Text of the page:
Earlier this summer the Corporate Manslaughter and Corporate Homicide Bill received Royal Ascent and the new Act will come into force on 6 April 2008. Under the new law companies, organisations (including partnerships with employees) and, for the first time, Government bodies face an unlimited fine if they are found to have caused death due to their gross corporate health and safety failures. The new Act will not, however, introduce any new criminal offences for individual directors or managers of an employer, as had initially been proposed.
The Government claims that the Corporate Manslaughter and Corporate Homicide Act:
- will make it easier to prosecute companies and other large organisations when gross failures in the management health and safety lead to death by delivering a new, more effective basis for corporate liability;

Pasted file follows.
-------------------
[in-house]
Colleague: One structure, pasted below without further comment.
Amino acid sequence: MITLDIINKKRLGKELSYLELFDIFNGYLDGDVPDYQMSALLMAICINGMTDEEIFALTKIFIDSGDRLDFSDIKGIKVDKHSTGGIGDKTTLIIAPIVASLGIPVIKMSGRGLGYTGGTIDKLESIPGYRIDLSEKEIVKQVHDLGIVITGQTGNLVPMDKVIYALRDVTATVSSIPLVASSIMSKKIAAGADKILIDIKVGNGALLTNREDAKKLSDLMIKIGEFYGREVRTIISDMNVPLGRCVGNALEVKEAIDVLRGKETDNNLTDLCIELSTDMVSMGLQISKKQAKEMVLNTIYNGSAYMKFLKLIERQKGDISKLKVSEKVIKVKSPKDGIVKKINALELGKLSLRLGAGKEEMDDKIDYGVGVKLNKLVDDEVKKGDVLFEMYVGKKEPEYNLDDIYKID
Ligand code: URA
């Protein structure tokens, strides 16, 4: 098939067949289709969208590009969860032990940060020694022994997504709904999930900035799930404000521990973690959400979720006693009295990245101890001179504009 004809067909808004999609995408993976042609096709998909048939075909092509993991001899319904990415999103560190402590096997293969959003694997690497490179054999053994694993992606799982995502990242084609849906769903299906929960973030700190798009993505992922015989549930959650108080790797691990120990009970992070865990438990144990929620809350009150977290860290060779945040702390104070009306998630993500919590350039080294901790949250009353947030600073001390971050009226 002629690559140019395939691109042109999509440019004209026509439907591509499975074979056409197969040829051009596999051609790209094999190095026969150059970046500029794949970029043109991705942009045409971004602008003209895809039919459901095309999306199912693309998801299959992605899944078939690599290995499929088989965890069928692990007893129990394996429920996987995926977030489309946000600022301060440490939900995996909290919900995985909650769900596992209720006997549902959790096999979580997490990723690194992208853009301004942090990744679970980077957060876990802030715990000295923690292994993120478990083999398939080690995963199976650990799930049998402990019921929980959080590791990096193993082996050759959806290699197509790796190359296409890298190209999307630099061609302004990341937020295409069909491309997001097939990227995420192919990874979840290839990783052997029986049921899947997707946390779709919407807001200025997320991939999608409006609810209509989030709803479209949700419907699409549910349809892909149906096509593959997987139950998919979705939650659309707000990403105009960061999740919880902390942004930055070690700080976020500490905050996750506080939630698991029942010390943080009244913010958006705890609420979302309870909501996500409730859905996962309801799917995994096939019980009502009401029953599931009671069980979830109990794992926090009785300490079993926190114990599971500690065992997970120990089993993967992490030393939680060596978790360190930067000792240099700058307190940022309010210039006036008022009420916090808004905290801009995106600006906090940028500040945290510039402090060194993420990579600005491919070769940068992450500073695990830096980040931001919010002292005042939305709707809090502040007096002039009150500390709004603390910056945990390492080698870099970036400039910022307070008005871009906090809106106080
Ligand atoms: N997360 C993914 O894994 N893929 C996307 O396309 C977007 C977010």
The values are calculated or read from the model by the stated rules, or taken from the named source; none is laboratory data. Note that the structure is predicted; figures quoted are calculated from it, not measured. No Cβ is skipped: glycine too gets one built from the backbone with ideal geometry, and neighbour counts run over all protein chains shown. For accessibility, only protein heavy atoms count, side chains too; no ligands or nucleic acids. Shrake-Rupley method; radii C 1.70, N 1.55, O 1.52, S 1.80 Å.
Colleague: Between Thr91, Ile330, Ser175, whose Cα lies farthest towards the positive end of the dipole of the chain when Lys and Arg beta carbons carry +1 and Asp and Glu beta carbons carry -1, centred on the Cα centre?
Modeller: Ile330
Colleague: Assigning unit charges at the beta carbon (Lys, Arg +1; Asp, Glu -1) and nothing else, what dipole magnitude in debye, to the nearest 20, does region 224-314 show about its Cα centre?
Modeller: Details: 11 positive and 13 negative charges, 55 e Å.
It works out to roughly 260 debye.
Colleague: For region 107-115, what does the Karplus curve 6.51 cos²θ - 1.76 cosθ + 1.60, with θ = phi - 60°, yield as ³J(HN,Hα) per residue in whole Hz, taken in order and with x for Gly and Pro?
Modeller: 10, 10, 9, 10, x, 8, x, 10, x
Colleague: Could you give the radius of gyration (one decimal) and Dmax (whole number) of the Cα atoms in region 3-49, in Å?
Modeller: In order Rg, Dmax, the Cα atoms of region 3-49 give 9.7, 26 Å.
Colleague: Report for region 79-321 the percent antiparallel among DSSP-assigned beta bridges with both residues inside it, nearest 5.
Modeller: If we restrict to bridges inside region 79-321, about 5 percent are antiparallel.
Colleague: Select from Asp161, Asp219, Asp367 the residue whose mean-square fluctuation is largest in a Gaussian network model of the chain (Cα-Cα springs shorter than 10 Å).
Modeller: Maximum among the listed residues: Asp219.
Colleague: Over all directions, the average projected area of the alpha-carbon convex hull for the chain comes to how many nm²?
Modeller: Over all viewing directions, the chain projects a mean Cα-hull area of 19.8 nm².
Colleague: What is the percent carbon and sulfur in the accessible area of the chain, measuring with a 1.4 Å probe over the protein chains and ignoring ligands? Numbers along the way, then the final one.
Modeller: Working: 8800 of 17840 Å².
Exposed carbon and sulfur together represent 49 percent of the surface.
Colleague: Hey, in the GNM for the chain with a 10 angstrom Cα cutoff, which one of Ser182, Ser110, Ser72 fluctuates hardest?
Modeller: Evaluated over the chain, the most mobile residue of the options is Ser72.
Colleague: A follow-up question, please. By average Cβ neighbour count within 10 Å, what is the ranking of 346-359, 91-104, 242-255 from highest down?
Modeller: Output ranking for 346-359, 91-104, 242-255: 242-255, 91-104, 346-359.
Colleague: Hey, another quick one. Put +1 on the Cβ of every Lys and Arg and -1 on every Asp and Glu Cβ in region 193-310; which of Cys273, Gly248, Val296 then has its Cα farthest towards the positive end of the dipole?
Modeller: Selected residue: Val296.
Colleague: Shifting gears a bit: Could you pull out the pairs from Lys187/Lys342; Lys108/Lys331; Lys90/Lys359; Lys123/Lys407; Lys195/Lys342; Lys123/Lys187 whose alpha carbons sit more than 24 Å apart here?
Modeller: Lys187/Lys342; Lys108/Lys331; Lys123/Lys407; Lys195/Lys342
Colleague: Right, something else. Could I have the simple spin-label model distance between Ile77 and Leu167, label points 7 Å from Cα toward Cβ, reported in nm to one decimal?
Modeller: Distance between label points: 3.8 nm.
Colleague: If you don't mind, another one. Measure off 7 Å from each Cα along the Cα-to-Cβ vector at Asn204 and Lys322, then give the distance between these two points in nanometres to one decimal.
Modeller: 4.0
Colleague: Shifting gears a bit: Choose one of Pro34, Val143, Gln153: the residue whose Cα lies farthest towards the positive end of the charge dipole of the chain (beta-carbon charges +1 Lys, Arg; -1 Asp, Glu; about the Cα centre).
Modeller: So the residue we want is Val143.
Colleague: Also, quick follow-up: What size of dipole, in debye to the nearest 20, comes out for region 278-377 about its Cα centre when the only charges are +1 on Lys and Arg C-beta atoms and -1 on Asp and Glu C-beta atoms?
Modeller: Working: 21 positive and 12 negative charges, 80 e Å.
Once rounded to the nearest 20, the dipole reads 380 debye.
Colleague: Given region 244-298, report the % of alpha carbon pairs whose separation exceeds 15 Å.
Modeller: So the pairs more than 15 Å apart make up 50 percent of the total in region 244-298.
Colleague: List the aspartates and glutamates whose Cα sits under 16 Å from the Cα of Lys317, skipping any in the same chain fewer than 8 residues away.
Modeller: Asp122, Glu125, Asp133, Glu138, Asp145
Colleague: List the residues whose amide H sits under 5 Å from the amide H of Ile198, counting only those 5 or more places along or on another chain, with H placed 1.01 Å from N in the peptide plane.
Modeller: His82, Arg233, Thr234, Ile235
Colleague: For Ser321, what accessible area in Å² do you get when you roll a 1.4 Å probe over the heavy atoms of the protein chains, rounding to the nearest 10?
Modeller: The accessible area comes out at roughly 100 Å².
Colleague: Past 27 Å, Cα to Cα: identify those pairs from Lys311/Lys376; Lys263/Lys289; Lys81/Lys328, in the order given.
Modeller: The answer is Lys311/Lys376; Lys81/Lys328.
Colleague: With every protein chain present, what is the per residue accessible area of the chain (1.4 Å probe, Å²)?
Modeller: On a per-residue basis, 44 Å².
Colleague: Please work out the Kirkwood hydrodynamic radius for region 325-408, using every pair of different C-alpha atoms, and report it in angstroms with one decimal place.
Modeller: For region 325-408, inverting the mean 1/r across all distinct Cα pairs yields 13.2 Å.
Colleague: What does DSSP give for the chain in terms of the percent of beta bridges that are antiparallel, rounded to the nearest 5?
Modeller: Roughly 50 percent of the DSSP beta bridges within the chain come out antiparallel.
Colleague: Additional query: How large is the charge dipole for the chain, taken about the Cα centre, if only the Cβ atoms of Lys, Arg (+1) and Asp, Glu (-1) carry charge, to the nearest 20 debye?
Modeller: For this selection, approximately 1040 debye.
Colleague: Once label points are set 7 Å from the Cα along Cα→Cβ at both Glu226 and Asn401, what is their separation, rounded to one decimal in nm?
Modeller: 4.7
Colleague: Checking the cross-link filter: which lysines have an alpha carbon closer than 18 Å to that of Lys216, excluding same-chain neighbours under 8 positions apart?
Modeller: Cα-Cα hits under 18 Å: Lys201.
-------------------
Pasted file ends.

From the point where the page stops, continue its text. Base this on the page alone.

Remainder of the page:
- has reformed the law so that a key obstacle to successful prosecution has now been removed. Employers both small and large will be held liable for manslaughter where gross failures in management of health and safety cause death, not just health and safety violations;
- complements the current law under which individuals can be prosecuted for gross negligence, manslaughter and health and safety offences, where there is direct evidence of their culpability. The Act builds on existing health and safety legislation so the new offence does not impose new regulations upon business.